What We’re Reading: Health Insurance Costs Exploding; NJ Veterans Homes’ Pandemic Errors; PCPs Reach Tipping Point


Workers and employees are expected to see a growth of 6.5% or higher in health plan costs in 2024; a federal report accuses New Jersey facilities of failing to protect veterans during COVID-19; decreasing numbers of primary care physicians (PCPs) are causing alarming reductions in access.

Health Insurance Costs Erupting

Health insurance costs are growing at the highest rate in years, with some projecting the largest increase in over 10 years will hit businesses and their workers in 2024, according to The Wall Street Journal. Employer coverage costs are expected to increase by around 6.5% for 2024, according to major benefits consulting firms Mercer and Willis Towers Watson. Such a surge could significantly add to the price tag for employer plans, which presently average more than $14,600 per year per employee; these skyrocketing health insurance costs are among the largest expenses for multiple American companies and a money-suck of families’ finances. Employers are concerned that the hike might indicate a new trajectory, with health costs resuming the quick upward climb of the early 2000s.

New Jersey Veterans Homes Failed Veterans During COVID-19, Report Alleges

Pervasive dysfunction at 2 of New Jersey’s state-run veterans home left them ill-equipped to protect residents during the COVID-19 pandemic and still continues, according to a report issued by the US Justice Department Thursday, reported the Associated Press. The document, at 43 pages, illustrated an unsettling picture of failures at the homes in Menlo Park and Paramus where dozens of deaths happened early in the outbreak. Reasons cited consisted of poor communication, lack of staff competency, and other issues that allowed the virus to run rampant. The facilities are run by the state’s Department of Military and Veterans Affairs, each with just over 300 beds.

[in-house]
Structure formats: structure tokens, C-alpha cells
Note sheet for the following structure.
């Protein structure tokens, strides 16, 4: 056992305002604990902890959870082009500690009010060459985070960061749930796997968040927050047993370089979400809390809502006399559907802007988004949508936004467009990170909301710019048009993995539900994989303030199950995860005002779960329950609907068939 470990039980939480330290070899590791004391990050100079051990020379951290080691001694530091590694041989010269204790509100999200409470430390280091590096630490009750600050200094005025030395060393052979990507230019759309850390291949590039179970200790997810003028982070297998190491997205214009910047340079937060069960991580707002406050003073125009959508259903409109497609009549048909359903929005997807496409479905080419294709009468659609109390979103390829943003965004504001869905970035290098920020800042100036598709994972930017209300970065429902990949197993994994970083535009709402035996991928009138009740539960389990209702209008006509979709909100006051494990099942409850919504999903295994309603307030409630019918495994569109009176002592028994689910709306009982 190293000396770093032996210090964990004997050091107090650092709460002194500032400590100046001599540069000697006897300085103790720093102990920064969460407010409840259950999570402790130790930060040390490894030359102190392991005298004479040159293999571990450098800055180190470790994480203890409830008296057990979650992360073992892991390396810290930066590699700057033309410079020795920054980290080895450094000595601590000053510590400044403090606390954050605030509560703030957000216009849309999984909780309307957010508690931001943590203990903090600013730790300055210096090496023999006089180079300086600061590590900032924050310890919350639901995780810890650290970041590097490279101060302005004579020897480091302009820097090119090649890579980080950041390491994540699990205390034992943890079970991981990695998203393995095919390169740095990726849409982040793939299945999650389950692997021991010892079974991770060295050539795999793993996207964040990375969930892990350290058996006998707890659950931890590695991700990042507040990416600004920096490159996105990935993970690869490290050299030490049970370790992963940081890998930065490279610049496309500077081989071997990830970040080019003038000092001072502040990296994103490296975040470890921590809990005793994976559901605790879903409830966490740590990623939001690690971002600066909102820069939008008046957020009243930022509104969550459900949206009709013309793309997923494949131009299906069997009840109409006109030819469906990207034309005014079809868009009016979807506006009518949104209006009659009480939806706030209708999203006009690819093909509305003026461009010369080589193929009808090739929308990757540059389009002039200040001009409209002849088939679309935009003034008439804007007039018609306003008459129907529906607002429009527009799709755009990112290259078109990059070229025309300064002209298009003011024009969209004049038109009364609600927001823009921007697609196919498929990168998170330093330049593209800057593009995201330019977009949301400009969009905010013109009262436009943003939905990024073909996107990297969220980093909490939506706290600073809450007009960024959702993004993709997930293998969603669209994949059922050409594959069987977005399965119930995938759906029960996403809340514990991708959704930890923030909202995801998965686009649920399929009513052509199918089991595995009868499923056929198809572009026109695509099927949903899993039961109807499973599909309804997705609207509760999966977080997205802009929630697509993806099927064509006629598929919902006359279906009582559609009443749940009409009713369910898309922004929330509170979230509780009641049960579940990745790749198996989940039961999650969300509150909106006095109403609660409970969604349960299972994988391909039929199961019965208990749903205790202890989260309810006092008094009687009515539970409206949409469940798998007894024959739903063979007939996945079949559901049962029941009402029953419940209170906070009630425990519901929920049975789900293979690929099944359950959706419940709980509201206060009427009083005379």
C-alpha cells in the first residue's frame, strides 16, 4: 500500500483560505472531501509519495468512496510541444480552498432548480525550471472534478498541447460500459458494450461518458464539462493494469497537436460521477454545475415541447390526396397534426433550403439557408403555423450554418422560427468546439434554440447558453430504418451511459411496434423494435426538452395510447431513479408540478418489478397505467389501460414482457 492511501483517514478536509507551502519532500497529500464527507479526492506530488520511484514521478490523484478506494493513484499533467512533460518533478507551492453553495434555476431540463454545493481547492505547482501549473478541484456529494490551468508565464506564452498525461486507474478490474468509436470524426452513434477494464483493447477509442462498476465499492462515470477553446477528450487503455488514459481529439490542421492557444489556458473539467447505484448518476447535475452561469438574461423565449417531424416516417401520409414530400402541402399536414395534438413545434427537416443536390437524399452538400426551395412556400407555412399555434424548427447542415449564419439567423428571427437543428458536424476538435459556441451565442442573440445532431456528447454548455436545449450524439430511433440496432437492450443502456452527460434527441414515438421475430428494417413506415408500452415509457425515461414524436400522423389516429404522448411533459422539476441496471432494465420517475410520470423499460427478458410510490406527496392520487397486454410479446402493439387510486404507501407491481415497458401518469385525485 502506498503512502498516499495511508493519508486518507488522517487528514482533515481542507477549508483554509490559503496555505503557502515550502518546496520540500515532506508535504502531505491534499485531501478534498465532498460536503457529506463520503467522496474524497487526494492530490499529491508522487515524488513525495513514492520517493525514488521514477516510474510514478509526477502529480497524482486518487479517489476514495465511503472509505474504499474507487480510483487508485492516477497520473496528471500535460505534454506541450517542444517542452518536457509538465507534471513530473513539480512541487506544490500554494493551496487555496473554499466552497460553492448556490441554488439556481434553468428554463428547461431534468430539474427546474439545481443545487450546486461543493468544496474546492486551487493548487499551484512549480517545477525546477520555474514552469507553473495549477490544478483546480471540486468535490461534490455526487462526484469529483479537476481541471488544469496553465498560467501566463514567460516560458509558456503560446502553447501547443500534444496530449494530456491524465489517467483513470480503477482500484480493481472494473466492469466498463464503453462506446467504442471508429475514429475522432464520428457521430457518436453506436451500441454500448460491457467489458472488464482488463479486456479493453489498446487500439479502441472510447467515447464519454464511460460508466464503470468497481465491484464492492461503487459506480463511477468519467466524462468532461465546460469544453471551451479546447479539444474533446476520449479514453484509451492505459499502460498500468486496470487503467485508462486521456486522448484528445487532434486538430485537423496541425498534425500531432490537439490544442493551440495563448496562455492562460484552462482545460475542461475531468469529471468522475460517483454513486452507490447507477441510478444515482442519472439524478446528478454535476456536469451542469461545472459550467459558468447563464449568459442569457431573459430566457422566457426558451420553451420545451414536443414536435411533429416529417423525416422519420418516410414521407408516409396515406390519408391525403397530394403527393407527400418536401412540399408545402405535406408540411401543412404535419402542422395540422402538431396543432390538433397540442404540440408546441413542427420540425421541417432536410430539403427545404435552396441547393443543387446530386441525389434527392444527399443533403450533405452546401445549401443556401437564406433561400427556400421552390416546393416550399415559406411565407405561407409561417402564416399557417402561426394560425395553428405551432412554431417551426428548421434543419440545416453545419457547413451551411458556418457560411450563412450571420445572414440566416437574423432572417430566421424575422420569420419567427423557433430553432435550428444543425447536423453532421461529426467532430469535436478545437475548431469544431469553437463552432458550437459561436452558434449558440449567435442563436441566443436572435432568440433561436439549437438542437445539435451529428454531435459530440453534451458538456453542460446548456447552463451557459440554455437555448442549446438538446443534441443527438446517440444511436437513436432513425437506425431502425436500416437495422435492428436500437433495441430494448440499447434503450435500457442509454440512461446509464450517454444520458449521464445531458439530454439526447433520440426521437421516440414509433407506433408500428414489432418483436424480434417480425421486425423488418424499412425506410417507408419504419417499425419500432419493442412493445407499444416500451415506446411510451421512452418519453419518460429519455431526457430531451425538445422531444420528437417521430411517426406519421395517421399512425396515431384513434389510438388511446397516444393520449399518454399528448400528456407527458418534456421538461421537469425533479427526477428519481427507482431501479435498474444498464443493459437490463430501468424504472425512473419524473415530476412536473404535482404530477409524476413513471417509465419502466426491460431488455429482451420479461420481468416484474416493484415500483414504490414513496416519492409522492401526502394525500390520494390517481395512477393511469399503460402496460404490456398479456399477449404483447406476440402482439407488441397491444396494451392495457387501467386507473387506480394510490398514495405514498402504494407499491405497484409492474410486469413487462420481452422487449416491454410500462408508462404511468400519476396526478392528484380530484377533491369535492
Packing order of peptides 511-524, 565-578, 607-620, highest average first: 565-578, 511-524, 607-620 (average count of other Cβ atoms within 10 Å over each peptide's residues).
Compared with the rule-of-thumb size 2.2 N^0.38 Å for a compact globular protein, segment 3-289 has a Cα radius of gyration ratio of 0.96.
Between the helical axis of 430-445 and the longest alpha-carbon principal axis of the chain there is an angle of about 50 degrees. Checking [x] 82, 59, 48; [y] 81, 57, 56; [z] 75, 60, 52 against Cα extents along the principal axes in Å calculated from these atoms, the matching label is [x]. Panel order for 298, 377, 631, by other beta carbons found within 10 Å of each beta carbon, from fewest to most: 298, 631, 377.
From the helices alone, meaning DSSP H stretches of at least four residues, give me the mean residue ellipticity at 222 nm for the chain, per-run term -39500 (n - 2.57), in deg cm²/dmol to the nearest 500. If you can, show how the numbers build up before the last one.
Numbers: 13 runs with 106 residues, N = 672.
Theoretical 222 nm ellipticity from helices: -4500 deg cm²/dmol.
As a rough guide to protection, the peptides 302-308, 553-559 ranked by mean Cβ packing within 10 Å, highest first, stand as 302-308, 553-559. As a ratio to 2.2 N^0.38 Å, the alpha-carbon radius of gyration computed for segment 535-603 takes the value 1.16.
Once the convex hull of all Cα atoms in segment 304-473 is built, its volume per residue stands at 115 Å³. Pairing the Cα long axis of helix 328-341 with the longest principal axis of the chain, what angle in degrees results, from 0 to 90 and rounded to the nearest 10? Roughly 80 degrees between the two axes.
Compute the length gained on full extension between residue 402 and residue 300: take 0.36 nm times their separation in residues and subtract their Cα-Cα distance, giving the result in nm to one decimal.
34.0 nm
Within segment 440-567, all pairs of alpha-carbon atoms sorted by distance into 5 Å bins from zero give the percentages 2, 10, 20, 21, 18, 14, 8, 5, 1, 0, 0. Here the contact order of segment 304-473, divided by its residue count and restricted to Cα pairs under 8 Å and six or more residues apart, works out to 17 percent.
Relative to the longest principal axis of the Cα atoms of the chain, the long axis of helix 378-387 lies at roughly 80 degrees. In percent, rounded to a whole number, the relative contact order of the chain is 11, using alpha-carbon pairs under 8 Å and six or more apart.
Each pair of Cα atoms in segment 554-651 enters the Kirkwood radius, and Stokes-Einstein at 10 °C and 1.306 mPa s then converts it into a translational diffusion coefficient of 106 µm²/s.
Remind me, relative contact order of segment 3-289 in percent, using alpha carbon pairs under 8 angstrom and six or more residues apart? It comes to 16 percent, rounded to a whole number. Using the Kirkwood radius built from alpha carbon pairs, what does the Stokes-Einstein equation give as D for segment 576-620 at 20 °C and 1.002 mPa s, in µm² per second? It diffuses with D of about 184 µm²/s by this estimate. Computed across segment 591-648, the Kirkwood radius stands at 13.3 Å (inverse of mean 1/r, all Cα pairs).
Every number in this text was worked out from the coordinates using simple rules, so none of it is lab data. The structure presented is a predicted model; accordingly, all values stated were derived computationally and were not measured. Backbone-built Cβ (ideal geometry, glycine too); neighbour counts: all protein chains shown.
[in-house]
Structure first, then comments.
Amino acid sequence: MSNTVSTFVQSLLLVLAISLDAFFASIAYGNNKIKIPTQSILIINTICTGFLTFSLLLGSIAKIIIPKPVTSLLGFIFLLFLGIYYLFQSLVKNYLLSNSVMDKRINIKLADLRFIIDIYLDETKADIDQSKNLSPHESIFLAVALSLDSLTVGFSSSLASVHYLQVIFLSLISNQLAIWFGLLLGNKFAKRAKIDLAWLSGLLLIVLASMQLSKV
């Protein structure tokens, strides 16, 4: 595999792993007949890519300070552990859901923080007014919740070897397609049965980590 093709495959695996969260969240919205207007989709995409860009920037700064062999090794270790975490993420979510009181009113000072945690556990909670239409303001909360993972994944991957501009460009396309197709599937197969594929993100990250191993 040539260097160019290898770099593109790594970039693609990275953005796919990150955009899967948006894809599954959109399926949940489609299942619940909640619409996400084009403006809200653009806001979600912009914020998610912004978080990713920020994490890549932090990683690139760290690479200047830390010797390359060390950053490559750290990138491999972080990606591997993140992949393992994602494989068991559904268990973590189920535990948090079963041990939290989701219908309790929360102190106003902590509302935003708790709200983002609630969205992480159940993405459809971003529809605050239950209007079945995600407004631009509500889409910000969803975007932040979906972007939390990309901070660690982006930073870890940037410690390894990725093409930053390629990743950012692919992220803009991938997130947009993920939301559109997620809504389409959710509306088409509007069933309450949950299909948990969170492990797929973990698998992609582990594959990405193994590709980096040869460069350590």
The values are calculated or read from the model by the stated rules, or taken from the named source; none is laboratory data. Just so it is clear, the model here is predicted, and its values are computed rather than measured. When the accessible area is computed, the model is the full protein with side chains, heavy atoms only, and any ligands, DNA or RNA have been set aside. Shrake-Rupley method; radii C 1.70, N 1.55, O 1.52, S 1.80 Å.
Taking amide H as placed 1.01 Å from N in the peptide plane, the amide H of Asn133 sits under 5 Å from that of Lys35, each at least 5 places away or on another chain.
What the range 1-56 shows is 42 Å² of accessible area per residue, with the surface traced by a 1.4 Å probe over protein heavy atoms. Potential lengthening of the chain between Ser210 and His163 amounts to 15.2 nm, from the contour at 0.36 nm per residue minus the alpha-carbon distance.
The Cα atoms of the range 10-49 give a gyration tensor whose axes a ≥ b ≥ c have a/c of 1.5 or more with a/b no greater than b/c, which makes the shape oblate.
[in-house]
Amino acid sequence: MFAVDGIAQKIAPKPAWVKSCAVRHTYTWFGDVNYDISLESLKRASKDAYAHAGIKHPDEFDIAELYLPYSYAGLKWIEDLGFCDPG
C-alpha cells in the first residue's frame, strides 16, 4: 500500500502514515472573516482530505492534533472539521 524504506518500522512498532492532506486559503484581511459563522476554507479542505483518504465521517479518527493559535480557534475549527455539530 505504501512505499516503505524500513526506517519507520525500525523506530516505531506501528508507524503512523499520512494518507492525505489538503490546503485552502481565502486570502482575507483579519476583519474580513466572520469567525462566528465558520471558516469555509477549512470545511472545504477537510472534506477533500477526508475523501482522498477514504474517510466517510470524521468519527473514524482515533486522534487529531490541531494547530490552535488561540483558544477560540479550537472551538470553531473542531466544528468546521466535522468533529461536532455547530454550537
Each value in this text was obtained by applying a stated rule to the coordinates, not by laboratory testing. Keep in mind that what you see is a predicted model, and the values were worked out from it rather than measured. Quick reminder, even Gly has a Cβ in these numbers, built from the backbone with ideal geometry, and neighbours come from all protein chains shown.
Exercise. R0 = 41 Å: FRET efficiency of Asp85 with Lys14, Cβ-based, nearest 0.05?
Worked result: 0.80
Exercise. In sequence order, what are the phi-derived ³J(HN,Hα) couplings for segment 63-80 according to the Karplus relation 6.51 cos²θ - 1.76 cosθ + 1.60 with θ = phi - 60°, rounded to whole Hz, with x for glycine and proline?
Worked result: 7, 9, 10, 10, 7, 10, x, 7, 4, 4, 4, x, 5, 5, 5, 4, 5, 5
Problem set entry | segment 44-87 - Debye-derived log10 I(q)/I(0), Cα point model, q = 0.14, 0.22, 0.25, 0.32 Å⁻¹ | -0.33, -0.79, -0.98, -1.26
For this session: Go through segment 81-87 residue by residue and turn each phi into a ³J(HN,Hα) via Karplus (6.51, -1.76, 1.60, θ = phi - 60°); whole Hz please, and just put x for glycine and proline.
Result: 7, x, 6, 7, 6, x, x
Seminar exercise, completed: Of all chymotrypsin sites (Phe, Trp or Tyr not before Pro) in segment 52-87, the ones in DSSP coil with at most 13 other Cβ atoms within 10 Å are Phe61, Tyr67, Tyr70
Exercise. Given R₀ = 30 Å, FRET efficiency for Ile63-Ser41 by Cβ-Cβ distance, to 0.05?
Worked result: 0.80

Primary Care Physician Crisis Looms on Horizon

American physicians have been deserting traditional primary care practice, consisting of internal and family medicine, in high numbers, according to KFF Health News. Those who remain work fewer hours, and fewer medical students are choosing this field. The percentage of physicians in adult primary care has been decreasing for years and is now at around 25%, indicating that many Americans won’t be able to access a family doctor. Presently, more than 100 million Americans don’t have usual primary care access. Studies show that a strong foundation of primary care contributes to better overall health outcomes, greater equity in health care accessibility, and decreased per capita health costs.

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